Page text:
Government Contracts

  • February 02, 2024

    Court's Claims Of Internal Dispute A Myth, Tribe Tells Fed. Circ.

    The Winnemucca Indian Colony is asking the Federal Circuit to overturn a decision that dismissed allegations in a $208 million breach of trust suit against the Bureau of Indian Affairs, saying the Court of Federal Claims wrongly characterized the events that underpinned its litigation as an internal dispute within the tribe.

  • February 02, 2024

    Mich. Prevailing Wage Policy Gets Appellate Court's Backing

    A Michigan agency did not overstep its authority when it required that workers on certain state-funded construction projects be paid a prevailing wage, an appellate court panel has ruled, finding the Legislature's repeal of the Prevailing Wage Act did not remove the agency's ability to impose certain terms on state contracts.

  • February 02, 2024

    Ga. Appeals Court Scraps Bond Order In Auto Plant Fight

    A group of Georgia residents hoping to block the construction of a $5 billion Rivian electric car plant shouldn't have been required to post a six-figure bond to continue with their litigation, a state Court of Appeals panel ruled Friday, overturning a county trial court's ruling.

  • February 02, 2024

    Up Next At High Court: Donald Trump's Disqualification

    The U.S. Supreme Court will hold oral arguments in a special session Thursday to consider former President Donald Trump's bid to be reinstated to the Colorado primary election ballot.

  • February 02, 2024

    GSA Lets Contractors Claim Rising Red Sea Shipping Costs

    The U.S. General Services Administration has authorized agencies participating in its employee relocation program to reimburse shipping companies the extra costs of rerouting household goods shipments to avoid Houthi attacks on the Red Sea.

  • February 02, 2024

    Infrastructure Co. Cuts Deal To Resolve DOL Equal Pay Probe

    An infrastructure consulting company has agreed to pay roughly $122,000 to shutter a U.S. Department of Labor investigation into allegations that the company paid women less than their male counterparts despite the workers having the same levels of experience and skill, the DOL said.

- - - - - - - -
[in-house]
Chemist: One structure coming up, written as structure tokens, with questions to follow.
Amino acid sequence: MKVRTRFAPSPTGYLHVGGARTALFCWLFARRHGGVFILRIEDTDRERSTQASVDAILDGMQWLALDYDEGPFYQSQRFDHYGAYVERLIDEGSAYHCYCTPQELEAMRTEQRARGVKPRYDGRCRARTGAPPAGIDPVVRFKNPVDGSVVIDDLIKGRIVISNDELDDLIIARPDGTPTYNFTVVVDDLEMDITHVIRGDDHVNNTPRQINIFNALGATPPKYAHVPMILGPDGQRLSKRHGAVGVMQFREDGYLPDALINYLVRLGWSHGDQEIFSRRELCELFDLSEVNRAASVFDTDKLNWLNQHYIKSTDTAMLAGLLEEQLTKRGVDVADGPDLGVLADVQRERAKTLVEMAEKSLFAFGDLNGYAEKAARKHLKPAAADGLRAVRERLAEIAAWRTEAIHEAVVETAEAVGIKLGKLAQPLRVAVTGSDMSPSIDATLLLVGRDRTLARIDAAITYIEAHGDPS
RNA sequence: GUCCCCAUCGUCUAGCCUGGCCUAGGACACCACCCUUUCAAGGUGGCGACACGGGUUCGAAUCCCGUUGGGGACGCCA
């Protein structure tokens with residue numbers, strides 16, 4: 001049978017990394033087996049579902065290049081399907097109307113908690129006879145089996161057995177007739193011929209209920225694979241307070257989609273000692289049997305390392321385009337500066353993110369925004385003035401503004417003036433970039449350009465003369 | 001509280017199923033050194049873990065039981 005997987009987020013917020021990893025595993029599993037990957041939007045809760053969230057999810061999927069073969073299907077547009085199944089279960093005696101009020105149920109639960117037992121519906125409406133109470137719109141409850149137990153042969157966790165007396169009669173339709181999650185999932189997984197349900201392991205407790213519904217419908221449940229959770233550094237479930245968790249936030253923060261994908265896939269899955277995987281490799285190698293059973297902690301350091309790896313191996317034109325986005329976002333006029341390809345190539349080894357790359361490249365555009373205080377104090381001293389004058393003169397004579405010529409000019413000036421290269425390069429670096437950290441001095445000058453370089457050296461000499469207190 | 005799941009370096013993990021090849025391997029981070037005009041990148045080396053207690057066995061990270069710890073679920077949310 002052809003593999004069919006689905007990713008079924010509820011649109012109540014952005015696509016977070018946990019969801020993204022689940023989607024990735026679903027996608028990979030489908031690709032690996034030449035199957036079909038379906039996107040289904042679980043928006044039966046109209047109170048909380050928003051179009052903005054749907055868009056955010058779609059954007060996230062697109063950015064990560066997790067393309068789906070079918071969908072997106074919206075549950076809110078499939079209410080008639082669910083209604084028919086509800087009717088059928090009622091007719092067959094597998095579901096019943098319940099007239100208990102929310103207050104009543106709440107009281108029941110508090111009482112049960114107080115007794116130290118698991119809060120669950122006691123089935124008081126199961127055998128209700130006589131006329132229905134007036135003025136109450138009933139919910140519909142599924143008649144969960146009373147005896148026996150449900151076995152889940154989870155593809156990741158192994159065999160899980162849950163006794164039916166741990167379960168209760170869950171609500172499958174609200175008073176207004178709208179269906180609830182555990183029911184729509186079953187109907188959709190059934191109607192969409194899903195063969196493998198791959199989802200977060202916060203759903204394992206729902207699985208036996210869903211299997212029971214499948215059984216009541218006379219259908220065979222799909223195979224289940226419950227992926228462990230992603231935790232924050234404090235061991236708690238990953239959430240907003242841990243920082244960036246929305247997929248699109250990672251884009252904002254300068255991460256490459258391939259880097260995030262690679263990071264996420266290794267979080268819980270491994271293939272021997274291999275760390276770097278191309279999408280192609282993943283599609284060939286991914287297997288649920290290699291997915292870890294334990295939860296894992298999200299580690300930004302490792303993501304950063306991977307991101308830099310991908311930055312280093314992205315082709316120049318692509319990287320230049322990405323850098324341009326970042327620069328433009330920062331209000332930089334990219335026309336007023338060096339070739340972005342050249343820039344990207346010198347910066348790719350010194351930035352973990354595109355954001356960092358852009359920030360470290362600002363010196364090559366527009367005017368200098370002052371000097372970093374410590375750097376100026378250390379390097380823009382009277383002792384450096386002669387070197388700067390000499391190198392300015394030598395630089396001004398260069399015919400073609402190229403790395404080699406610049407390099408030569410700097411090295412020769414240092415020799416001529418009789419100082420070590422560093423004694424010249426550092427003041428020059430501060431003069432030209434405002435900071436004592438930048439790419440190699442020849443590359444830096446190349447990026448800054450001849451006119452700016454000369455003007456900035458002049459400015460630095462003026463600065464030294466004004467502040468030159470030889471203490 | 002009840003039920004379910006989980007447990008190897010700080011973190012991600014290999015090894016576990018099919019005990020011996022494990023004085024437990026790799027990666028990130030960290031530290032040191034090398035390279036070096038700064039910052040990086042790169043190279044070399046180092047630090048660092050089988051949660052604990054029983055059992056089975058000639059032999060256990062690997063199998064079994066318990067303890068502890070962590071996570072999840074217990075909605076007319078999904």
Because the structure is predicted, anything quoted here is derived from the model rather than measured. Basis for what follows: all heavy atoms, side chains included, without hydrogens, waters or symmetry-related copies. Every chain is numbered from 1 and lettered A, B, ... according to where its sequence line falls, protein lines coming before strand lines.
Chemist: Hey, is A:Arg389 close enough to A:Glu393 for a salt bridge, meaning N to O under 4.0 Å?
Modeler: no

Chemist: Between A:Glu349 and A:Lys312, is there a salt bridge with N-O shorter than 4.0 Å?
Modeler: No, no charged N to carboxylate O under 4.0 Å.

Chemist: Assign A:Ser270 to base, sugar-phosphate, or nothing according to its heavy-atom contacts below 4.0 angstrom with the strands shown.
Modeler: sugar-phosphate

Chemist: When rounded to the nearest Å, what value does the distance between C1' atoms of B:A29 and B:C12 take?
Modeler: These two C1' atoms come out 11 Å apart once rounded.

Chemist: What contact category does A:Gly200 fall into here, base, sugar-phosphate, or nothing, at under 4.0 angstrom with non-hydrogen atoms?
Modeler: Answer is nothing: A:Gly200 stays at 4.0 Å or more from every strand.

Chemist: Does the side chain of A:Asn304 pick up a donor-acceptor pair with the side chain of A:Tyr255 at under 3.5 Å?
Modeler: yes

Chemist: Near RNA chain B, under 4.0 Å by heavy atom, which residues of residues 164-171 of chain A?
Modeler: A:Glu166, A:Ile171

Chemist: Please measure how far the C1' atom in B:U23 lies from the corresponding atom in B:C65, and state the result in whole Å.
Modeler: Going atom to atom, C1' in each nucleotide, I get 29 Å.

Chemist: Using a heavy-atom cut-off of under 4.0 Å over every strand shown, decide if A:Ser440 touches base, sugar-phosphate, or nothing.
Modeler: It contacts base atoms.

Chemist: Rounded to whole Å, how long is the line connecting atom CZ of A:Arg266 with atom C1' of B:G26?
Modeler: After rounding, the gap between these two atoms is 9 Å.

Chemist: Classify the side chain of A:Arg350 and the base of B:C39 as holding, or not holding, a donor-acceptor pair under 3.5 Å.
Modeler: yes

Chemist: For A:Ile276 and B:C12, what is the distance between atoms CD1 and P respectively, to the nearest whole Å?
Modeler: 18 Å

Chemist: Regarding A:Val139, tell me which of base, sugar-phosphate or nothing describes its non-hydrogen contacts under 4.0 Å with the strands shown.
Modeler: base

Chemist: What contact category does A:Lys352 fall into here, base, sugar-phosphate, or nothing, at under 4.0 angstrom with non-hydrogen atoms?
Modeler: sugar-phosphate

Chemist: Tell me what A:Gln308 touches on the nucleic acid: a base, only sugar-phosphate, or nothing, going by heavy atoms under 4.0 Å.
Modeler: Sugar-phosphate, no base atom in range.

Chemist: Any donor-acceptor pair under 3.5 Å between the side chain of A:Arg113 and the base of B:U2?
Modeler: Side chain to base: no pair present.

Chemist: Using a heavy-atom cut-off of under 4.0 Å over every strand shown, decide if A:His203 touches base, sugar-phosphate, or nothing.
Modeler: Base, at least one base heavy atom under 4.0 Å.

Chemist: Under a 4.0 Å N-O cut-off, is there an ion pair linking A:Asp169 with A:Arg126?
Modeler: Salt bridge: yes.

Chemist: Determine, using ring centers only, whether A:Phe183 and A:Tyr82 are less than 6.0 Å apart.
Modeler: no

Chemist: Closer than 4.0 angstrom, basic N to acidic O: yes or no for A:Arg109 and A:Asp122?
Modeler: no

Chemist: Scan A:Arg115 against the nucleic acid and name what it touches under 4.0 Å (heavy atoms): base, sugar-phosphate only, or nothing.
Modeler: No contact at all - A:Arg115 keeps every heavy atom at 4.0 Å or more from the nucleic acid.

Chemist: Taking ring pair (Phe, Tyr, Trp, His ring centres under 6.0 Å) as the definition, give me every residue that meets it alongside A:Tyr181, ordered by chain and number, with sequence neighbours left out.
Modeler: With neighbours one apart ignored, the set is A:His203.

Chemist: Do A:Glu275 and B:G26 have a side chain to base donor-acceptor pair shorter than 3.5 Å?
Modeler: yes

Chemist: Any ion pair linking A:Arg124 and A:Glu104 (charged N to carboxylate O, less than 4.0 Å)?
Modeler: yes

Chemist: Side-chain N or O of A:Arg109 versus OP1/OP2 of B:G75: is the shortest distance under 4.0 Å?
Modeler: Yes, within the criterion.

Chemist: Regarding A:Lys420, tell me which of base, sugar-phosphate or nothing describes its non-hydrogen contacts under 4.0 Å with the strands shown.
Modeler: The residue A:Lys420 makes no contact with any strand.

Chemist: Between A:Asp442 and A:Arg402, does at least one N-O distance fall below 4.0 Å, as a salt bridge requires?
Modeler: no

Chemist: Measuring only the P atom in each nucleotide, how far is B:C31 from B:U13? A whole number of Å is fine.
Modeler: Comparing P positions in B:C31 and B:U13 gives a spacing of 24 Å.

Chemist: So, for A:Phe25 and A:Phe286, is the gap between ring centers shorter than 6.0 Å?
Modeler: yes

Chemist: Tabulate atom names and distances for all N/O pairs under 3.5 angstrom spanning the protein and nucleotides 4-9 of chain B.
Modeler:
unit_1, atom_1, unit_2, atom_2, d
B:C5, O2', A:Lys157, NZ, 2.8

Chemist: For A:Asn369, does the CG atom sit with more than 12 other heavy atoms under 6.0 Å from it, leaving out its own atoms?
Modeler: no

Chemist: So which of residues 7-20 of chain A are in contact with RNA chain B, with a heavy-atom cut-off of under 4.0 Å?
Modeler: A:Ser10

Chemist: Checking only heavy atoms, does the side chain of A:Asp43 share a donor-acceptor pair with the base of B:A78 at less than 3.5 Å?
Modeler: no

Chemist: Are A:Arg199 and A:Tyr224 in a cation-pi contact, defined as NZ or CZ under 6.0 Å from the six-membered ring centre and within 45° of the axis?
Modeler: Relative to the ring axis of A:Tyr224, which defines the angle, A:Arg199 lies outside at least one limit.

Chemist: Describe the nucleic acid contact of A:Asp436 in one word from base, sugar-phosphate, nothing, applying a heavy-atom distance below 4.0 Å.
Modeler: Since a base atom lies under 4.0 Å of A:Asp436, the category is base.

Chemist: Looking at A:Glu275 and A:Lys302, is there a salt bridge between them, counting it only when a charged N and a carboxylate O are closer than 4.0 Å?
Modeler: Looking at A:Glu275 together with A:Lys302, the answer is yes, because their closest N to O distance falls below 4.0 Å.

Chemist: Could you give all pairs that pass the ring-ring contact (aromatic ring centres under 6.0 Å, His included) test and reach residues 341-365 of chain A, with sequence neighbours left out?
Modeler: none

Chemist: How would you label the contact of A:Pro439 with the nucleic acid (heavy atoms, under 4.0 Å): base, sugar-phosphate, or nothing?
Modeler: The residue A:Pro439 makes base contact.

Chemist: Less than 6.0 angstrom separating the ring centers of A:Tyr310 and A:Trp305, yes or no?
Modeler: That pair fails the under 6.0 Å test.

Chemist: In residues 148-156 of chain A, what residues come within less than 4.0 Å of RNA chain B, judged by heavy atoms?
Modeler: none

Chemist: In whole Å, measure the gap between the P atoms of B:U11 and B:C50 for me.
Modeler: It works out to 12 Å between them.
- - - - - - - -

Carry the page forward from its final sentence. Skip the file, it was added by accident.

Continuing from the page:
• February 01, 2024

    GAO Nixes Protests To Army's Costly Pick For $549M Deal

    The U.S. Government Accountability Office freed the U.S. Army Materiel Command from claims it unreasonably snubbed two contractors for an installation support deal in favor of a company with a more expensive bid, saying the command justified the price differential.

  • February 01, 2024

    GAO Backs Protest Over DHS Ignoring Change On $225M Deal

    The U.S. Government Accountability Office backed Deloitte Consulting's protest over a $225.3 million U.S. Department of Homeland Security order for support services, saying DHS wrongly failed to take into account the awardee removing a proposed teaming partner from its bid.

  • February 01, 2024

    How Will AI Impact The Environment? Dems Want To Find Out

    As attempts to integrate artificial intelligence into products and processes speed up, Congress wants a close look at how the technology's electricity use, water needs and waste consequences are affecting the environment.

  • February 01, 2024

    5 Mass. Rulings You Might Have Missed In January

    Massachusetts justices in Suffolk County's Business Litigation Session weighed in on the impact of a major ruling involving Robinhood Financial, a proposed class action on overdraft fees charged by a credit union, and two pandemic-related cases. Here are five January decisions that might have flown under the radar.

  • February 01, 2024

    Michigan Co. To Pay $5M To Resolve Army Overcharge Claims

    A Michigan company will pay $5 million to the U.S. government to resolve a former employee's whistleblower claims it overstated pricing data for subcontractor work in a deal to manufacture armored vehicle upgrades for the U.S. Army, federal prosecutors announced.